In the News
The Dodd-Frank Act provides that failure to verify a borrower's ability to pay on a home mortgage entitles the borrower to a "asset a violation...as a matter of defense by recoupment or set off". 15 USC 1640(k).
It's not clear me how this provision will play out in the context of nonjudicial foreclosures. Does the ability to "assert a violation...as a matter of defense by recoupment or set off" enable borrowers to turn all nonjudicial foreclosures into judicial foreclosures? I don't know how one raises a defense or setoff to a nonjudicial foreclosure sale. And if the foreclosure is nonjudicial, is the debtor's filing in court truly a defense? Wouldn't it have to be a claim? If so, would it create federal jurisdiction on federal question grounds? Maybe the answer is to read 15 USC 1640(k) not as authorizing two types of defenses--recoupment and set off--but instead as authorizing either a defense (recoupment) and a claim (or counterclaim) for set off.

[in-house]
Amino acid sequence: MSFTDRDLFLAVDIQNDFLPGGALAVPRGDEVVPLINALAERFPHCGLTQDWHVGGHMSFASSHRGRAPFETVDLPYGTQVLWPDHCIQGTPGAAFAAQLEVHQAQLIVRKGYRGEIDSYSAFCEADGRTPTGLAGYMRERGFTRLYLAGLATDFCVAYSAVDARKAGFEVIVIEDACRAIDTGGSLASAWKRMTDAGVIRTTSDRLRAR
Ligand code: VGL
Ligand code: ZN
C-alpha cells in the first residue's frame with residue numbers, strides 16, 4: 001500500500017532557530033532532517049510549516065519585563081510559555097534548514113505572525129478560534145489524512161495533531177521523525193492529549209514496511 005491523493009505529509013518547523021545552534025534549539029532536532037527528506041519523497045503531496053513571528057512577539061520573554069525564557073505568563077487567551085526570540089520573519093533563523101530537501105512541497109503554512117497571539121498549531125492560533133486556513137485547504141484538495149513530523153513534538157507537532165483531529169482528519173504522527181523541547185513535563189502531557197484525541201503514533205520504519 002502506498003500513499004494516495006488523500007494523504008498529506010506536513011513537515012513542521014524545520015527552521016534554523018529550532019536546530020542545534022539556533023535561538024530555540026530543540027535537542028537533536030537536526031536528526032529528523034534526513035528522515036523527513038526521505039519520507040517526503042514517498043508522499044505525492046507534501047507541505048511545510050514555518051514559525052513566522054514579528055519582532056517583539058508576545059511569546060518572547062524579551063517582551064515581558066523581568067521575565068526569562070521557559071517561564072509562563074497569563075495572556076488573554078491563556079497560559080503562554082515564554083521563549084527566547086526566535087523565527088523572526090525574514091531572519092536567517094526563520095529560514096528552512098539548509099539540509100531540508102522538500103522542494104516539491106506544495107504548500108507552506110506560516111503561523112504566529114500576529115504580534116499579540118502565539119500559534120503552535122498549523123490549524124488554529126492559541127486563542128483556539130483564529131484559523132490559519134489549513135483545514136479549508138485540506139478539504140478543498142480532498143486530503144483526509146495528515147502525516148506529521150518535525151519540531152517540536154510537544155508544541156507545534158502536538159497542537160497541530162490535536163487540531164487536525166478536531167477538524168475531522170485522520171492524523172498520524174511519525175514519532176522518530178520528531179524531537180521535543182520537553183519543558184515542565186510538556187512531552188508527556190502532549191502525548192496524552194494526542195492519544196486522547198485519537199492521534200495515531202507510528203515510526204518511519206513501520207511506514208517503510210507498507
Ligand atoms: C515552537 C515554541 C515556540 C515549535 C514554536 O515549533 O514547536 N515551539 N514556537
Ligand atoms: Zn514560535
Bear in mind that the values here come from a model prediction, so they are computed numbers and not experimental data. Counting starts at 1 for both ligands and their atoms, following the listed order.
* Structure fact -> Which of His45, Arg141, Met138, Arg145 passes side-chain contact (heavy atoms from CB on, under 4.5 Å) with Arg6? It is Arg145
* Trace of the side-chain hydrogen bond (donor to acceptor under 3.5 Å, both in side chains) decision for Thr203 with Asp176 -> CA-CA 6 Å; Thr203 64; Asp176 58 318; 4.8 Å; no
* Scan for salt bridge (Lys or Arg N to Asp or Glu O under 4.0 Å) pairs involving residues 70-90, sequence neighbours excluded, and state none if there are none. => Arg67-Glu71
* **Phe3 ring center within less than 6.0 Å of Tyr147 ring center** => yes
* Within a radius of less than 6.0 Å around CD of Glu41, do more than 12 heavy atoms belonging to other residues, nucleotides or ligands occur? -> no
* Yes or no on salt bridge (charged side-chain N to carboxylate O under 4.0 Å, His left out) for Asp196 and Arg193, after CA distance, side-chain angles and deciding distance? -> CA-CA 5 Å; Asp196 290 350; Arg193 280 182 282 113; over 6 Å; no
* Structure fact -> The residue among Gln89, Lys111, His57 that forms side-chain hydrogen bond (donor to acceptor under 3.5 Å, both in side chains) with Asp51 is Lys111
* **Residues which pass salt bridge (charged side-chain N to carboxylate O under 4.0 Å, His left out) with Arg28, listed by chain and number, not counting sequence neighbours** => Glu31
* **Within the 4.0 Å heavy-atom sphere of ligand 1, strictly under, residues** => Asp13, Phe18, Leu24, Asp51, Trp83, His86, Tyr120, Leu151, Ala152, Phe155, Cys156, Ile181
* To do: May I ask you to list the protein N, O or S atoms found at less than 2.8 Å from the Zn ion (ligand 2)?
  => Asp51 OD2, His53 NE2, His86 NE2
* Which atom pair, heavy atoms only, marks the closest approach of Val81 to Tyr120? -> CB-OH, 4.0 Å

It's not clear to me exactly what was intended, but I have a lot of trouble seeing how 15 USC 1640(k) is going to work with nonjudicial foreclosure. While I'm very skeptical about the strength of the remedy for violating the ability to pay requirement, I wonder 15 USC 1640(k) will herald greater judicialization (and possibly federalization) of foreclosures.
I'd love to hear thoughts on how 15 USC 1640(k) is likely to play out.